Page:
Transnational Media Corporation (TNMC

The transnational media corporation (TNMC) is a type of transnational corporation (TNC) that sells information and entertainment. According to Gershon (2007), “The TNMC is the most powerful economic force for global media activity in the world today,” (p. 56). TNMC is important for global capitalism, as it enables international free market trade, the use of advanced media and information technology. Gershon says that it’s a myth that most TNMCs operate in most markets around the world. The truth is that many of them work in their home or preferred market.


I do not think that TNMCs’ regulation can create an environment that is conducive for a free marketplace of ideas. Napoli (2011) says that the regulatory environment has a tremendous affect on media. Over the past 30 years we have seen a trend towards deregulation of media, given the rapid growth of cable, satellite television, the Internet and satellite radio. I believe that this deregulation of media has contributed to an environment that allows a free marketplace of ideas. The regulation of media is paradoxical to a free marketplace of ideas. Regulation is the attempt to control the media through the government (Media regulation, n.d.). I feel that the media should have less regulation, not more.


There are two basic categories for deregulation and media: structural and behavioral. Structural regulation is basically centered on media ownership. The benefit to structural regulation is to help promote competition in the marketplace. Behavioral regulation is directed towards the media content. These regulations include restrictions on foul language, violence and sexual activity in media content. These regulations can help protect children from adult content. Structural and behavioral regulations are aimed at preserving and promoting diversity and pluralism. Pluralism goes beyond diversity, as it’s based on actively seeking to understand other cultures and religions (Eck, n.d.).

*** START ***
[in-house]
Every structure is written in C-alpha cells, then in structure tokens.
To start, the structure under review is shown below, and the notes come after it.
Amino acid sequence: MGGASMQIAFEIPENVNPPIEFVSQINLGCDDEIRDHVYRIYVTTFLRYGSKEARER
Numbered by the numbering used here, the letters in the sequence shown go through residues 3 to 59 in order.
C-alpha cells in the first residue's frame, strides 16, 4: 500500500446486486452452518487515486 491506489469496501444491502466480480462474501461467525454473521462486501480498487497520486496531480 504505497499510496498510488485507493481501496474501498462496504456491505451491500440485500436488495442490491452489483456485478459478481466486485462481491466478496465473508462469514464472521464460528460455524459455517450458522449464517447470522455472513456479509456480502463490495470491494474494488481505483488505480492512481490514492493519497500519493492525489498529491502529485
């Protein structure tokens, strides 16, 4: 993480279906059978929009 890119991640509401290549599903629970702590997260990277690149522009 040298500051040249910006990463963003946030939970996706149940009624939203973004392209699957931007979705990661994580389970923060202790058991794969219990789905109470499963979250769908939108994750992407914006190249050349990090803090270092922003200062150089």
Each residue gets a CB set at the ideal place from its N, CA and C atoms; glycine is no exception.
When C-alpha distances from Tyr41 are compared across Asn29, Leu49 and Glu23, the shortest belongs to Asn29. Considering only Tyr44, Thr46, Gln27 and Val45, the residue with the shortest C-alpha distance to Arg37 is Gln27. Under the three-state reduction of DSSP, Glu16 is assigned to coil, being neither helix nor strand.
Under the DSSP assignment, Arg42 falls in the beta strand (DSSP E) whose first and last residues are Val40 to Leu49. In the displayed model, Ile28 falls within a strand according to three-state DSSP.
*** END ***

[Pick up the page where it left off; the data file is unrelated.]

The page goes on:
In some ways, structural regulation can help the free marketplace, as it prevents a monopoly from one company. However, some also argue that structural regulation is just another method to achieve behavioral regulation. I agree with Napoli (2011), that the absence of structural and behavioral regulation is the most conducive for a free marketplace. By the government not interfering with the content or structure of media, it allows for anyone to have a seat at the table for promoting their ideas. By not regulating the content on TV shows or the radio, individuals are free to express their opinions and ideas in ways that resonate with their audience.


I think that TNMCs’ the structural deregulation strategies will continue to be successful with new media. Napoli (2011) states that over the years there has been a loosening of both horizontal and vertical ownership restrictions in both TV and radio. I believe that new media will continue to allow the loosening of these strings. I believe this because the Internet allows anyone to be a publisher and writer, thereby contributing content. It would be extremely difficult to regulate all of these sources. Napoli says that the continuation of the deregulation has contributed towards the rise of the modern, global, multiple platform environments.